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C/C++ Low level str to uppercase?

Spartrekus

Well-Known Member

Thanks: 41
Messages: 274

#1
Hello,

I would like to find a possible method to convert a string to uppercase in C (cross-platform, low-level, from scratch,... char* mystring) ?
C++:
printf( "%s\n", toupper_alternative_lowlevel( "hello world" ));
I think that I will probably make it by hands, read the string and convert at least 'a' to 'A' (chr 65),... to 'z' to 'Z'. Long way but at least mega low - level, but... portable.

Eventually, would you know any?
 
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leebrown66

Well-Known Member

Thanks: 102
Messages: 298

#2
That can get quite tricky depending on what exactly you are trying to do:
  • Not all character sets have a-z consecutively (EBCDIC comes to mind, for example i is character 137, j is 145).
  • Internationalization -- some languages have no upper/lower case at all.
  • Unicode -- not all characters occupy a single byte.
 

Spartrekus

Well-Known Member

Thanks: 41
Messages: 274

#3
That can get quite tricky depending on what exactly you are trying to do:
  • Not all character sets have a-z consecutively (EBCDIC comes to mind, for example i is character 137, j is 145).
  • Internationalization -- some languages have no upper/lower case at all.
  • Unicode -- not all characters occupy a single byte.
well, self explaining ...

C++:
char *touppercase(char *instr ) {
   int c = 0;
   while (instr[c] != '\0')
   {
      if  ( (instr[c] >= 'a') && (instr[c] <= 'z'))
         instr[c] = instr[c] - 32;
      c++;
   }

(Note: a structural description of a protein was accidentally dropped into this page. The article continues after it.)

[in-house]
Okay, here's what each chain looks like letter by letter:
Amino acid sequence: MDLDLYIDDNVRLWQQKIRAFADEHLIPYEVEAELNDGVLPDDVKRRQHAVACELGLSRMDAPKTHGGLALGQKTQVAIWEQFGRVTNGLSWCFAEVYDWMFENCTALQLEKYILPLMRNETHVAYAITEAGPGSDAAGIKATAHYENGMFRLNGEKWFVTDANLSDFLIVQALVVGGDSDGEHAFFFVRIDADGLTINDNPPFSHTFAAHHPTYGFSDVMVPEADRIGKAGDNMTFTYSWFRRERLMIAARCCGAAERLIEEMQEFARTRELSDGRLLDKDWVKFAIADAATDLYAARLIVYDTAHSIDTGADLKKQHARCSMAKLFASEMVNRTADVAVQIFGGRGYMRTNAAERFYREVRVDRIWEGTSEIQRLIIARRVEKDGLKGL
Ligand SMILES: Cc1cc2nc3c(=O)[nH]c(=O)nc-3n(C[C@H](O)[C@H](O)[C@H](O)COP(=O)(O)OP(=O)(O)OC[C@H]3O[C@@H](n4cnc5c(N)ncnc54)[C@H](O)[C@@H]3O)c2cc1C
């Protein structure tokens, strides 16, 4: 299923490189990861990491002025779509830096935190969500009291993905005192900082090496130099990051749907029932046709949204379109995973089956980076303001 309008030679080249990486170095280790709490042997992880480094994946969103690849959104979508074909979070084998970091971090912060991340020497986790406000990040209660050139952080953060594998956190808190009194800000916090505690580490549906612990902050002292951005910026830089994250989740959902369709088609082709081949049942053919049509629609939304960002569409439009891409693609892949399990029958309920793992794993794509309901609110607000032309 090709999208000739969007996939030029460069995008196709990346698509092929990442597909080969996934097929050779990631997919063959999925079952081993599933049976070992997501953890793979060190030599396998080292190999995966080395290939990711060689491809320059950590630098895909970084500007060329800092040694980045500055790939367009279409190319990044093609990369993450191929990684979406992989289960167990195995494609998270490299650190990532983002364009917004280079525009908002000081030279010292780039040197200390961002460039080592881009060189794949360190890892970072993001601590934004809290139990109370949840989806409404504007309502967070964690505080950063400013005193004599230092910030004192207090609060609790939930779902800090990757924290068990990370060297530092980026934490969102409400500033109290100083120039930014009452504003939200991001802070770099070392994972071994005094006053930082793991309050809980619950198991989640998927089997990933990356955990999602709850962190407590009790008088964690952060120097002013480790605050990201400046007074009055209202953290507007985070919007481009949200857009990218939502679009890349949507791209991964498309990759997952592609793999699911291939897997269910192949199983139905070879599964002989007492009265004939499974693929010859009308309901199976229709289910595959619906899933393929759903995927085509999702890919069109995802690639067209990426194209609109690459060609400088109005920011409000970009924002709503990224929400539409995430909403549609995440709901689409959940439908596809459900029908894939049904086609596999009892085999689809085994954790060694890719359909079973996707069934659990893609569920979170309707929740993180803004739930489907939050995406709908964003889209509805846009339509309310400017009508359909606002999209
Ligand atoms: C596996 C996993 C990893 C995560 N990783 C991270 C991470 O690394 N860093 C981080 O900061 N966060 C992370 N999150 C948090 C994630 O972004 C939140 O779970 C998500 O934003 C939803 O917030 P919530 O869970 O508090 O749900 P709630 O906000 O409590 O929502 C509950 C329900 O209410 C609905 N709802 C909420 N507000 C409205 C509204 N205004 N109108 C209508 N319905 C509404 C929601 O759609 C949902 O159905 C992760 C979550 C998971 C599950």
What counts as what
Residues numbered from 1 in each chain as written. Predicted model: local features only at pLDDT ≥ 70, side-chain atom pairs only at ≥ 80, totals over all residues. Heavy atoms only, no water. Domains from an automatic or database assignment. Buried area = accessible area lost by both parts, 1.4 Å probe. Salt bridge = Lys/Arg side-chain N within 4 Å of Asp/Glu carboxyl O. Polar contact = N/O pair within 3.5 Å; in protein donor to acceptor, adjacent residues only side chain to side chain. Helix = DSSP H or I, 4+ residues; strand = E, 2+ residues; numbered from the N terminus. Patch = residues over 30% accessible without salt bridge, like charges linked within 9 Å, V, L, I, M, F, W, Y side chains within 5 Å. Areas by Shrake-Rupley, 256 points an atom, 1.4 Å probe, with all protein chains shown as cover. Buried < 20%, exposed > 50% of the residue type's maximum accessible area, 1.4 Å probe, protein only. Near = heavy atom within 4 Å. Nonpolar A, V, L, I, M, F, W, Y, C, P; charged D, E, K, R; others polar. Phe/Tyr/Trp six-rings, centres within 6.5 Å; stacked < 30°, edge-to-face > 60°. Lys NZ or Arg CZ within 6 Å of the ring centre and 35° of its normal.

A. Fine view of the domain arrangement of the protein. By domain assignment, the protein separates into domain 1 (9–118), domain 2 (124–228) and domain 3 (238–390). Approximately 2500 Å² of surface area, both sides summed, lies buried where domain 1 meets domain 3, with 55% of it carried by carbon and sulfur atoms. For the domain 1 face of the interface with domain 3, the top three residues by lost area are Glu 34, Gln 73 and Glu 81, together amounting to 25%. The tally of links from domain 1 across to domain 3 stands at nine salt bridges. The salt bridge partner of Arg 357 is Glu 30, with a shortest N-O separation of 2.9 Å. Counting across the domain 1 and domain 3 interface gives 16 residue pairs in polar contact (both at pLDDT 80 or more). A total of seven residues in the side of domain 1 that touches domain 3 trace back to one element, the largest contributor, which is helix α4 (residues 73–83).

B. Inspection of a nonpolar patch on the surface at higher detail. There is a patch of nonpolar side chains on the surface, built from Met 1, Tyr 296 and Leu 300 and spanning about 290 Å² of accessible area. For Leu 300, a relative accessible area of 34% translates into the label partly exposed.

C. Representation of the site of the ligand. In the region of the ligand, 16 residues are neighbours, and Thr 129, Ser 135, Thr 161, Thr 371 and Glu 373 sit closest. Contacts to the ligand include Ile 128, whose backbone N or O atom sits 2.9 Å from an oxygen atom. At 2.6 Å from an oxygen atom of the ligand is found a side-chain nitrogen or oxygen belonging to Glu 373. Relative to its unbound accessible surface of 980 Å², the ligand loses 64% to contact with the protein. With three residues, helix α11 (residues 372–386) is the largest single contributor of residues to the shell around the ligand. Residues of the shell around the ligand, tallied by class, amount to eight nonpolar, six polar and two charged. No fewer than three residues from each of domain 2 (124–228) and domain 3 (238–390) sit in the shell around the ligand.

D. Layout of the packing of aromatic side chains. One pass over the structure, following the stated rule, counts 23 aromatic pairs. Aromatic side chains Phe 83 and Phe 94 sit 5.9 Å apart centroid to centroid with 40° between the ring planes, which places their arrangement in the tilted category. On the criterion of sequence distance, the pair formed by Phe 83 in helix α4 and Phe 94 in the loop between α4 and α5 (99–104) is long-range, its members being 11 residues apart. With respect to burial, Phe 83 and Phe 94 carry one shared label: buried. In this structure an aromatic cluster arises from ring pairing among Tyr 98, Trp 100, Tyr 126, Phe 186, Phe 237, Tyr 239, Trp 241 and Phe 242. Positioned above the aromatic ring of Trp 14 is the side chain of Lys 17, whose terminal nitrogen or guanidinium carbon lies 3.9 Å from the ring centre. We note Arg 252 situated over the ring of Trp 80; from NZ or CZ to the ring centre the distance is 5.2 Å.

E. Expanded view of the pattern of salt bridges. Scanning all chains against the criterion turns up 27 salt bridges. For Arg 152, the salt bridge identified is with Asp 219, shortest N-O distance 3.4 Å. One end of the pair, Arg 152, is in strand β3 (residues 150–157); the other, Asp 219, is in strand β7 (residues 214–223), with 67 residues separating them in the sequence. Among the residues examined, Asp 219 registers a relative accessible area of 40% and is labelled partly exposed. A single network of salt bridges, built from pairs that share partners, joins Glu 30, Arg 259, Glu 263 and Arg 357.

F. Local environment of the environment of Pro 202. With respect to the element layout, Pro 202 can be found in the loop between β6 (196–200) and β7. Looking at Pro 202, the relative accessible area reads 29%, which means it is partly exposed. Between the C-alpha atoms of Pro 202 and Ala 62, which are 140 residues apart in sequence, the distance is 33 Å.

.... // return, now pass to char*

}


or a simple pipeline may look like:
C++:
// low level

    #include <stdio.h>
    #include <stdlib.h>

    int main()
    {
        int begin = 1;
        int c ; int d ;
        c = getchar();
        while( c != EOF )
        {
           if (( c >= 'a') && ( c <= 'z'))
              d = c - 32;
           else
              d = c;
           putchar( d );
           begin = 0;
           if ( c == '\n' ) begin = 1;
           c = getchar();
        }
    return 0;
    }
 
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leebrown66

Well-Known Member

Thanks: 102
Messages: 298

#4
I would replace the hard coded -32 with ('a'-'A'). Other than that, I would say that is portable, maybe not efficient (I would use pointers), but more efficient than using the standard libc toupper function (which is locale aware and can handle split range sets, check it out here)
 

ralphbsz

Daemon

Thanks: 609
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Messages: 1,062

#5
If you assume only US-ASCII, your solution isn't half bad. I would not use array notation for strings; it is correct C, but not idiomatic for C-style string processing. Also, since you modify the string in place, why do you bother returning the pointer? The caller by definition has it already. The only reason to return the pointer is to users can call chains of functions, but I personally don't like that style, since you are relying on a side-effect of the function, and there is no clear distinction whether the string is an input / output / I-O argument or return value. You also don't need extra parentheses around the expressions in the if test; anyone who programs in C needs to know simple operator precedence well enough to read that statement.

I also removed your extra variable, which is not needed: You can modify the pointer that is passed in; the caller's copy will not be modified. Once that's done, I think that a for loop is clearer than a while loop, but that's a question of taste.

Another deep philosophical question is: Should you modify the string in place? I can understand why one would want to do that in C, because there copying strings involves memory management, and a huge amount of work for tracking allocating and freeing (which is usually handled wrong, which is why amateur-written C code tends to leak memory like the Titanic). But in general, it is cleaner if a functio is a "pure" function, which gets constant arguments in, and return a new value. More about that below.
C++:
void touppercase(char *instr ) {
    for(; *instr!='\0'; instr++)
    {
        assert(*instr <= '~'); // Twiddle is the last ASCII character before internationalization kicks in
        if (*instr<='a' && *instr=<='z')
            *instr += 'a'-'A';
    }
}